- Educators need to be in the trenches- I have a whole bunch of reasons why educators should all be using social networks, should all be texting, and should all be using the collaborative and communicative power of the Internet, but for our purposes, I'll limit it to two: First, we need to be in these spaces because we will help to bring order to spaces that otherwise will be governed by a "Lord of the Flies" mentality. Our very presence will help to curb the wilder behaviors that we've been warned about. Second, we need to be in these spaces so that we can model positive digital behavior. I am not suggesting that we all create Facebook, Twitter and Instagram accounts so that we can friend and follow all of our students. There are reasonable cautions against entering those environments on the kids' terms. We need to be there, so that we understand how these environments work, and so that we can help our students understand them and use them well for their future.
- We don't need to be the police- That said, I also think that we can afford to give kids their own space to be who they are outside of our presence. I don't think that we need to actively search every students' profile for any hint of impropriety. It is entirely possible for adults and kids to interact differently from one another depending on their audience/social group. I really don't want to know all of the things my son and his friends say to one another online or via text. If I had suspicions, I would do my due diligence and look, but until I do, I recognize that part of learning to be a good digital citizen is practicing on your own. When things come up that raise a red flag, we talk. What I don't know, I can let go.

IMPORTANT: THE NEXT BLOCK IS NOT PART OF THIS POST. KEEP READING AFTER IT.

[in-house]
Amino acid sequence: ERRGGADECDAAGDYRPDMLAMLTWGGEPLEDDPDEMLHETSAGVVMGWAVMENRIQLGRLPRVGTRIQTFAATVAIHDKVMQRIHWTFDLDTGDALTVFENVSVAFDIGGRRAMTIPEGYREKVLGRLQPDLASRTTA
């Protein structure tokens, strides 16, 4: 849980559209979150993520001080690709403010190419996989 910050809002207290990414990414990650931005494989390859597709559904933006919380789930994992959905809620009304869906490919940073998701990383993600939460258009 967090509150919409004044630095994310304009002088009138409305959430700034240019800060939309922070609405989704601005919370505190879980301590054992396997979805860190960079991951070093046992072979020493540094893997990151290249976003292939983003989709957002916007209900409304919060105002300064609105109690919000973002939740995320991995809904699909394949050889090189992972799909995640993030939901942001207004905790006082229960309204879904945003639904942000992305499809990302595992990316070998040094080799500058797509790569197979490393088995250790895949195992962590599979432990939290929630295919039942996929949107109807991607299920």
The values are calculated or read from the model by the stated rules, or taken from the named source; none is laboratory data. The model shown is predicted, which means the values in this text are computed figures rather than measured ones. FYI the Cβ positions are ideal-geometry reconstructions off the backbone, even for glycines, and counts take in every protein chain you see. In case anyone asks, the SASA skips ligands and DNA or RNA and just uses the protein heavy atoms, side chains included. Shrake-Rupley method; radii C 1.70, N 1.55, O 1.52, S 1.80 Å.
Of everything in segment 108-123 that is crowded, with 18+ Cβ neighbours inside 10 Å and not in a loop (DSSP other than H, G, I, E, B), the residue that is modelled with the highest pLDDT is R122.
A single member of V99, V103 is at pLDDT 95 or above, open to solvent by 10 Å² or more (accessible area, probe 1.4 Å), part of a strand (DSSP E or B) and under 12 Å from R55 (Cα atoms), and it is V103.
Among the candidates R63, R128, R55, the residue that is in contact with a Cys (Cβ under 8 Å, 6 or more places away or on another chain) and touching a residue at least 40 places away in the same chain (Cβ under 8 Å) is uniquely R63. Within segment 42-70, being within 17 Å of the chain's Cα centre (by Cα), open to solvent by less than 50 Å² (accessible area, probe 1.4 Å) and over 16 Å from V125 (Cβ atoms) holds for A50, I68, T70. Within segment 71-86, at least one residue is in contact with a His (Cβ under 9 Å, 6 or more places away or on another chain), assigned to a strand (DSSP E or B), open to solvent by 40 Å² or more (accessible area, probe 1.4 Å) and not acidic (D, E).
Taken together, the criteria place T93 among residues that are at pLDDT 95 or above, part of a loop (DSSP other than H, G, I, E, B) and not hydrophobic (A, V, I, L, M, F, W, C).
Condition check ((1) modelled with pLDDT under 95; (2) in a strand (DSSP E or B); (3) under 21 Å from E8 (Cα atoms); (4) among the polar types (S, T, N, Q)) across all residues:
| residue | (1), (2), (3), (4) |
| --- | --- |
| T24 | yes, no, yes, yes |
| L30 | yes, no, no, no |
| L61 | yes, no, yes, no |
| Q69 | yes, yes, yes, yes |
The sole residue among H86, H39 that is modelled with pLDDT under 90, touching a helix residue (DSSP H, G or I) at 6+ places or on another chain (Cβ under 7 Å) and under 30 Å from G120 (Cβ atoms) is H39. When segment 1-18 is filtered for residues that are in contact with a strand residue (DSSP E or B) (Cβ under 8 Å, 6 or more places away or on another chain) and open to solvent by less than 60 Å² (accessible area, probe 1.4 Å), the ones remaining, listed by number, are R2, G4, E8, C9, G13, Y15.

- We have to be good models- I know that it can be a bit intimidating to try to understand copyright law as it applies to education and online publishing, but we have to do everything in our power to help students understand that they should respect the intellectual property and creativity of others. That means finding ways to blog, post, and tweet in ways that don't infringe on the rights of others. We also have to help students understand that there are responsible ways for how we engage with others online. That means making good choices about what we share online and how we engage others in conversation online. We also have to model how to be productive using technology, so that students see ways that technology can enable the learning that we do, rather than simply serve as a distraction.
- There are standards to help us have these conversations- One of the things that can help us have conversations about digital citizenship is a shared understanding of what our responsibilities are as teachers and learners in the digital age. Fortunately for us, that work has already been done. The International Society for Technology in Education has created a collection of National Educational Technology Standards that are separately defined for administrators, teachers, students and coaches. These standards are easy to understand, and are vertically aligned. While it is not enough to just hand these standards to a person and expect them to live them, having these standards makes launching conversations easier and helps to clarify the issues related to teaching and learning with technology.